‘Tis the Season … for Term Letters in Healthcare

Nothing says “happy holidays” like a year-end coverage termination notice. It’s particularly awkward this time of year, because it overlaps open enrollment for commercial, Medicare Advantage and Exchange members. In this column, we’ll look at five seasonal drivers within healthcare, and how marketers can prepare for term letters, open enrollment and more.

Nothing says “happy holidays” like a year-end termination notice. It’s not unusual for healthcare organizations engaged in contract negotiations to send term letters to patients in mid-November. The notices fulfill contractual and regulatory obligations to provide advance notice to patients while also ratcheting up the pressure to reach agreement before a January 1 effective date.

This would cause headaches for marketing and communication professionals under the best of circumstances, but it’s particularly awkward this time of year because it overlaps open enrollment for commercial, Medicare Advantage and Exchange members. This is just one of the external factors that creates seasonality in healthcare communications.

In this column, we’ll look at five seasonal drivers within healthcare and how marketers can prepare.

1. Termination Letters

Term letters are usually sent 45 days in advance of a contract’s renewal or end-date. While these can occur at any time, a common scenario is a termination letter sent by a health plan about six weeks before the end of a calendar year. The letter goes to patients of physicians/medical groups or hospitals covered under the contract in question.

In some cases, you may not know the term letters have gone out until you begin to receive frantic calls from patients wondering if scheduled appointments or procedures will be covered. This puts you in a terribly reactive situation.

Proactively, marketers should schedule quarterly meetings with their organization’s contracting department to discuss commercial, exchange and governmental agreements that are coming up for renewal. Your contracting team is likely to focus on the financial framework of the agreement, while your concern should be on how to manage the fear and uncertainty a potential disruption has on individual patients.

Coordination with your customer service team, as well as impacted physician practices, are also critical because they will be on the front line of inquiries. You will need to understand your state’s Continuity of Care guidelines, the terminating plan’s grace period (if any), and work cross functionally to help guide patients to in-network facilities or providers if the agreement ends.

This is a labor-intensive, detail-oriented process because of the number of potentially impacted people, and emotionally draining for the patient’s family. Communicate your awareness of the situation, provide updates often and be prepared for significant push-back and one-on-one problem solving.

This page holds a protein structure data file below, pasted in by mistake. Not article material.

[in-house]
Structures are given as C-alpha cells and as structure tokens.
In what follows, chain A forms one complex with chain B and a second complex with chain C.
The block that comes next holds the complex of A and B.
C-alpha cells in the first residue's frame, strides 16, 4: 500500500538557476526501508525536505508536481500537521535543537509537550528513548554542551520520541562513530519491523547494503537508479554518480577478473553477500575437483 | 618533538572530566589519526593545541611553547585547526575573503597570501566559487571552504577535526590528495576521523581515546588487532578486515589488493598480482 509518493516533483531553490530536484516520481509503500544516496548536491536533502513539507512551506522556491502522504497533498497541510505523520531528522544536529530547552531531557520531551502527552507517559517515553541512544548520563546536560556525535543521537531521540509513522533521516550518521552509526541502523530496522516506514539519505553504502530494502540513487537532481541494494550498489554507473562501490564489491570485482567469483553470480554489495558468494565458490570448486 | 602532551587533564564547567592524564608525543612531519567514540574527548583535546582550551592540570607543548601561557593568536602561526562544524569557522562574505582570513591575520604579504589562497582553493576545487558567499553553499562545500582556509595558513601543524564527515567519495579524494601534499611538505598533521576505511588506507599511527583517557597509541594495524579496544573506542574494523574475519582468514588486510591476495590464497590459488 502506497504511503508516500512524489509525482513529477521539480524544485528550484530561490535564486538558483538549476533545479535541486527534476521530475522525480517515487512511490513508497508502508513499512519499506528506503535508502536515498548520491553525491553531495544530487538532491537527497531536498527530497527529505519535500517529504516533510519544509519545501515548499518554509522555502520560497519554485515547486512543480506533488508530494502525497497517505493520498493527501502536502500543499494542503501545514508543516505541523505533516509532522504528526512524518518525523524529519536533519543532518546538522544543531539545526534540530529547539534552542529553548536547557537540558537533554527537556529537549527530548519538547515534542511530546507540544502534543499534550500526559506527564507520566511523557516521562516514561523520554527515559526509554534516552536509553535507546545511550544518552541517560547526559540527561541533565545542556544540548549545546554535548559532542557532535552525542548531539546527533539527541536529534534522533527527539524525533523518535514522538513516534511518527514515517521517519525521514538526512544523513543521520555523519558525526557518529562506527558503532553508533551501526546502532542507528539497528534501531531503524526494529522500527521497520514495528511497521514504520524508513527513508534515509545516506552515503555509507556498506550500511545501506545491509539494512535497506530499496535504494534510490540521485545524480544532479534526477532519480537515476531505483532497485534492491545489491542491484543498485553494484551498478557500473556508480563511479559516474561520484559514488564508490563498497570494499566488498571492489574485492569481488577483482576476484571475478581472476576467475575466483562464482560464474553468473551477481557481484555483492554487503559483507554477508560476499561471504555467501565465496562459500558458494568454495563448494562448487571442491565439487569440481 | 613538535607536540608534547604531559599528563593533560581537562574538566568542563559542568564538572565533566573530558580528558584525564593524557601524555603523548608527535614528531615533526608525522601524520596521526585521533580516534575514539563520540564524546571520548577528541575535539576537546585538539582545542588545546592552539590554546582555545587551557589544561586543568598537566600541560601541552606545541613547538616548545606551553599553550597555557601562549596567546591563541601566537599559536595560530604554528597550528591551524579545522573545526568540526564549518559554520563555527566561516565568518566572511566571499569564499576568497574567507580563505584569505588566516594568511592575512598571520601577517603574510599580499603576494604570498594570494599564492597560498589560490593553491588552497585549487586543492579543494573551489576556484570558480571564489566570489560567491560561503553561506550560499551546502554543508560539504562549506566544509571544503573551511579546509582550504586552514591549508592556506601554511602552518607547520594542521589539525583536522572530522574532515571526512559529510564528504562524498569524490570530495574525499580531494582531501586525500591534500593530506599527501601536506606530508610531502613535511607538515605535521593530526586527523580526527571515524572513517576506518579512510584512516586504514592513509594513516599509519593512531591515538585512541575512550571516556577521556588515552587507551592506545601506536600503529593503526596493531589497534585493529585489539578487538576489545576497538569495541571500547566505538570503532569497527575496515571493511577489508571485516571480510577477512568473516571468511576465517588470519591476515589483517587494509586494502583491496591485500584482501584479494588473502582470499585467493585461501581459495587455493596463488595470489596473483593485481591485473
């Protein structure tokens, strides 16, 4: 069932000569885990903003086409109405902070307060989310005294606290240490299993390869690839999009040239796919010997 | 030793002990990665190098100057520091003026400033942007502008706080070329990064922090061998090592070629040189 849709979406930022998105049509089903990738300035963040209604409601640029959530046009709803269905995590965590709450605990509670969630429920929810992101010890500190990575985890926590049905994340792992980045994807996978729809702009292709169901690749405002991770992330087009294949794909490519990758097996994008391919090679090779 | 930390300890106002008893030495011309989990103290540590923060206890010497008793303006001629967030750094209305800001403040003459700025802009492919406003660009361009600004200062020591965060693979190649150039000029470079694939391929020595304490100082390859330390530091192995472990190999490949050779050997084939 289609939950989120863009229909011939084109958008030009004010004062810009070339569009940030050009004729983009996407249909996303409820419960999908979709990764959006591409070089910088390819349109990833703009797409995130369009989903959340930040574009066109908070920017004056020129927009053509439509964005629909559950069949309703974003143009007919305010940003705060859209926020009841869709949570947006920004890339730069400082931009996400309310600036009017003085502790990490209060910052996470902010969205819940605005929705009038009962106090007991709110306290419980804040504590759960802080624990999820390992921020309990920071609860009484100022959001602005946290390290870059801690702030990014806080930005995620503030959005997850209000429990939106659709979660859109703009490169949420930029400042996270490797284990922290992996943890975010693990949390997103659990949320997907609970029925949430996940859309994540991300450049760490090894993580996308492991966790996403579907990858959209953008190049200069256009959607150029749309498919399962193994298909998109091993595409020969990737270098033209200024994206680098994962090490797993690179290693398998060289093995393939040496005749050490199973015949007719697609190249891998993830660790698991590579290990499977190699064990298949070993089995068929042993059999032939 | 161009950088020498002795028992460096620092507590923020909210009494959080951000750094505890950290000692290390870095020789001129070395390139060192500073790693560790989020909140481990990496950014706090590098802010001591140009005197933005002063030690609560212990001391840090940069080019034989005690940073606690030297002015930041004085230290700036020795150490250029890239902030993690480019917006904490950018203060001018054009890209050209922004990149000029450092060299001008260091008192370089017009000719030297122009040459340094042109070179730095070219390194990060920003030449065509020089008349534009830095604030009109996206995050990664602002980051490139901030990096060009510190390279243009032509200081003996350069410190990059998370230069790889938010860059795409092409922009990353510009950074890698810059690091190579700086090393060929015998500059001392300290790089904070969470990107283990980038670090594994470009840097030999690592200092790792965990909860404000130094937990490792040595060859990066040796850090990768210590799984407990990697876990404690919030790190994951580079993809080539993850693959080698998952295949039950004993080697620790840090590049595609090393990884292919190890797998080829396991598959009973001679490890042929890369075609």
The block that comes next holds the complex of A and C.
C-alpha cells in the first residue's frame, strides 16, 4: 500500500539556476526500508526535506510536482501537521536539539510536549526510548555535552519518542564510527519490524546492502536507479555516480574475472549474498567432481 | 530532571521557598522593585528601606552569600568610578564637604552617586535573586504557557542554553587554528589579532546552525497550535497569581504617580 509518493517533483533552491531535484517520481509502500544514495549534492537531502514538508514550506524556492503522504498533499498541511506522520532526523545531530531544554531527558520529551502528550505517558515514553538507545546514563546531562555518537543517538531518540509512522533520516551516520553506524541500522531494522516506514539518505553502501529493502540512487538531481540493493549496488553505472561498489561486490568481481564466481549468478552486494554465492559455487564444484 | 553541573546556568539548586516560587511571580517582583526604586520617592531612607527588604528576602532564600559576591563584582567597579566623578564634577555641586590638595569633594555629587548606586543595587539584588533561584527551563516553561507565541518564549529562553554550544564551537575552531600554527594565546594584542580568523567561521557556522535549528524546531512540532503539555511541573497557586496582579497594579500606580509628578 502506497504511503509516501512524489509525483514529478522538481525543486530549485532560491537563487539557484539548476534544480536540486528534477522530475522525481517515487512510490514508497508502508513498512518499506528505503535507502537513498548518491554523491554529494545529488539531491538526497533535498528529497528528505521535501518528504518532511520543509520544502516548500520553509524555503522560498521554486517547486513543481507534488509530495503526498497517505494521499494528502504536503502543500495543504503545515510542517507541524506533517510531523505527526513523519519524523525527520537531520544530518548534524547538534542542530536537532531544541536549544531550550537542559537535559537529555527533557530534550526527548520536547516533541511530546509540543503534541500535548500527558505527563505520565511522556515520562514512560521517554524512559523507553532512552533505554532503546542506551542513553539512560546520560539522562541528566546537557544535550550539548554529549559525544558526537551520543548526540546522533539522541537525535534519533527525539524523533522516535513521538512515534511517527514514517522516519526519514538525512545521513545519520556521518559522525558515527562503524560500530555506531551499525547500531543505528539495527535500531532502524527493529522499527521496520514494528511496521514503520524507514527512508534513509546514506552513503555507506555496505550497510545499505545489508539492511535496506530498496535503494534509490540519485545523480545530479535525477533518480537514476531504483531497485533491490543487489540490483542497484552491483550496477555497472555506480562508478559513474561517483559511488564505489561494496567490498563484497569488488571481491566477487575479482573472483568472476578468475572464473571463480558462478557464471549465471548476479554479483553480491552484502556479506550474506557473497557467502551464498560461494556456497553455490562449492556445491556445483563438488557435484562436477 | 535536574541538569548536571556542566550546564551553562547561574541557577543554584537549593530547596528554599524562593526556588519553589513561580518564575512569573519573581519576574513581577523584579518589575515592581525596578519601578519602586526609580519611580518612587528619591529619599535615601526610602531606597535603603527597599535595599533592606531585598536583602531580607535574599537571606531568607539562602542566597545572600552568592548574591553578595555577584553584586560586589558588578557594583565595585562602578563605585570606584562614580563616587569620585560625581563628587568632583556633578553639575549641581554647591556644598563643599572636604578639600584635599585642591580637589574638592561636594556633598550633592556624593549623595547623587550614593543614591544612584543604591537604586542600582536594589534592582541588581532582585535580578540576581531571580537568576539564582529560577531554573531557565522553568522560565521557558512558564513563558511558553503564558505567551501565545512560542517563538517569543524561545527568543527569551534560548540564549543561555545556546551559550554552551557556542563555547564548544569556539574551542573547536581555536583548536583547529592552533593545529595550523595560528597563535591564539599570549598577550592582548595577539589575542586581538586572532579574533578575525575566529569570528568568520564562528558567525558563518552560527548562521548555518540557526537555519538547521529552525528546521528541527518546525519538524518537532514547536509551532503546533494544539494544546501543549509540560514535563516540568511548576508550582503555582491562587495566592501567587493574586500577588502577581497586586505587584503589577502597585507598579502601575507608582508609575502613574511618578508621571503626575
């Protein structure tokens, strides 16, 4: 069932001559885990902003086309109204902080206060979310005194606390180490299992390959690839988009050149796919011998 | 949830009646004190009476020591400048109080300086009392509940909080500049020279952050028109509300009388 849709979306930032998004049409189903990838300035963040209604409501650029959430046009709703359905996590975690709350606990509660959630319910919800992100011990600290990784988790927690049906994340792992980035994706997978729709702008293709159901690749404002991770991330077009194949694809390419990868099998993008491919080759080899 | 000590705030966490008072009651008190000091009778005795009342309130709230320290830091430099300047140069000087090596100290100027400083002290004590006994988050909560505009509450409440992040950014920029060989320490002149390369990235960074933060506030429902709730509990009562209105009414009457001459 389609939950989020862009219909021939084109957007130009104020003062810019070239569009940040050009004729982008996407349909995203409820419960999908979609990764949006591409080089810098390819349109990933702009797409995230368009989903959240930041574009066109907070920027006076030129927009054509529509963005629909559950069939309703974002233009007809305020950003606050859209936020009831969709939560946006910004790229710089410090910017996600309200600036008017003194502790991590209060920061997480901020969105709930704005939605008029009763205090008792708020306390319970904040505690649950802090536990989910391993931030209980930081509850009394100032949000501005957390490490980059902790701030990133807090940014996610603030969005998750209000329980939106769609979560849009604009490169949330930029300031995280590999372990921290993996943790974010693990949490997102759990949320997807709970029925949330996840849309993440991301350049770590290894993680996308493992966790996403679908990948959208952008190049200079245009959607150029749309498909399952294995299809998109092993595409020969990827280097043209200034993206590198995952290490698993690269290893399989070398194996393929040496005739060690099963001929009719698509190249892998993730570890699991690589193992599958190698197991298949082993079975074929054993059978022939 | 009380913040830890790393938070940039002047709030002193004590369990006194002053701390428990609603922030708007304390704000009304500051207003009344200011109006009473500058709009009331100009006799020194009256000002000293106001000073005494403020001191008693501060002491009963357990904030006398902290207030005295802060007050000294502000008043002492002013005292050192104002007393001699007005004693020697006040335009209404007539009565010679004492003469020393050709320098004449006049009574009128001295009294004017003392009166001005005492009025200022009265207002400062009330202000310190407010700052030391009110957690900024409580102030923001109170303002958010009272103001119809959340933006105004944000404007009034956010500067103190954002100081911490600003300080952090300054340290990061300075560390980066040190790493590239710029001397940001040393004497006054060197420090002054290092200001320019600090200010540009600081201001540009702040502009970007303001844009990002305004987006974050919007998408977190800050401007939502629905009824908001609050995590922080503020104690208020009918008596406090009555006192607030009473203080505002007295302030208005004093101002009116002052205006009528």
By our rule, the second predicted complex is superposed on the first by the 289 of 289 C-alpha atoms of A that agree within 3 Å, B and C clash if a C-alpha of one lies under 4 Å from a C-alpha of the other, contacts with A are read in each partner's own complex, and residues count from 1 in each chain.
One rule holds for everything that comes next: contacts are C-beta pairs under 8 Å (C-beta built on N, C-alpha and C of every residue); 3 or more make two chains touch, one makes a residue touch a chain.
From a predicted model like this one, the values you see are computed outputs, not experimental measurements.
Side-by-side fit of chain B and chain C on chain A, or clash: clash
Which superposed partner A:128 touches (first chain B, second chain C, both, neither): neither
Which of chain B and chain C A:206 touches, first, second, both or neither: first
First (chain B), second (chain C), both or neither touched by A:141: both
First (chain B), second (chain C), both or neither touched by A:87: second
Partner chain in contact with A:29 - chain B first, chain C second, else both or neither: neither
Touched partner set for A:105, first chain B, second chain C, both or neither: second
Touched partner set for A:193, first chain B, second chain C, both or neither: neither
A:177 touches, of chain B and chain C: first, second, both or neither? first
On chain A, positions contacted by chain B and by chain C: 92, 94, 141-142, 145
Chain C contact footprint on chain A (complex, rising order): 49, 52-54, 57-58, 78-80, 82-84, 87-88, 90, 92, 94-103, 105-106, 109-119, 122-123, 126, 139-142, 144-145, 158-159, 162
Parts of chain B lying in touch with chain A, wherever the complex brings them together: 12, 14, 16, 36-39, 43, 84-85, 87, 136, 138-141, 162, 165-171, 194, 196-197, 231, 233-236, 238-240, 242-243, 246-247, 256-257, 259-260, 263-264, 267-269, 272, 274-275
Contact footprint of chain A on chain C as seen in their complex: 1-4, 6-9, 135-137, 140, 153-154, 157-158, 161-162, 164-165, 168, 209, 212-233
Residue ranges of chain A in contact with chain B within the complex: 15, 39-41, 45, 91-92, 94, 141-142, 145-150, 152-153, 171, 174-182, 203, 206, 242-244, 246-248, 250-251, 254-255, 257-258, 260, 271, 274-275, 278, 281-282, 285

2. Open Enrollment

Although open enrollment for major employers, general business, Medicare/Medicare Advantage and Exchange business differ, the main season occurs in the fall and early winter. Some organizations invest all their awareness efforts during this time, when in fact this is when you should be converting prospects based on the awareness, goodwill and brand desirability you’ve cultivated all year long.

The foundation for a successful open enrollment season is based, in part, on decisions made by upstream parties during the spring and summer. As 2018 approaches, be sure to build in strategies to reach large employers, brokers, physicians and health plans.

Copywriting for the Most of Awareness Levels

A fundamental of copywriting is to write to the awareness levels of your prospects. But all too often, the awareness level of prospects is overlooked. … and it’s perhaps the most important aspect of writing a promotion.

Branding
“Branding,” Creative Commons license. | Credit: Flickr by Limelight Leads

A fundamental of copywriting is to write to the awareness levels of your prospects. But all too often, the awareness level of prospects is often overlooked. … and it’s perhaps the most important aspect of writing a promotion.

A few weeks ago, I shared a few reasons Why Direct Mail Control Packages Fatigue. And in my last blog, I wrote about Copywriting for the Least of Awareness Levels.

So today, it’s about copywriting for the most aware of your prospects so you can meet them where they are with your copy and offer.

I’ve written about imagining a 1 to 7 scale where a 1 represents that your prospect is completely unaware of any aspect of your product or service, so indirect headlines and leads tend to work best. Conversely, a 7 means your prospect is completely aware where you would use direct headlines and leads. I’ve used information from a class that I teach copywriters for AWAI, along with concepts from a classic direct marketing book, Breaththrough Advertising, by Eugene M. Schwartz. If you missed my last post, read it here for descriptions of Levels 1 to 3.

Levels 5 to 7 are the most aware prospects. Level 4 is where you don’t know whether prospects are aware or not. You should test both direct, and indirect headlines and leads to find out the side of the awareness scale that defines your prospect.

Level Five

Here you’ve crossed the place from unaware (Levels 1-3) to a gradual increase in awareness where your approach can be more direct. If you’ve observed in your own testing, or what a competitor is doing, that success is happening with direct headlines and leads, then enlarge on what’s working.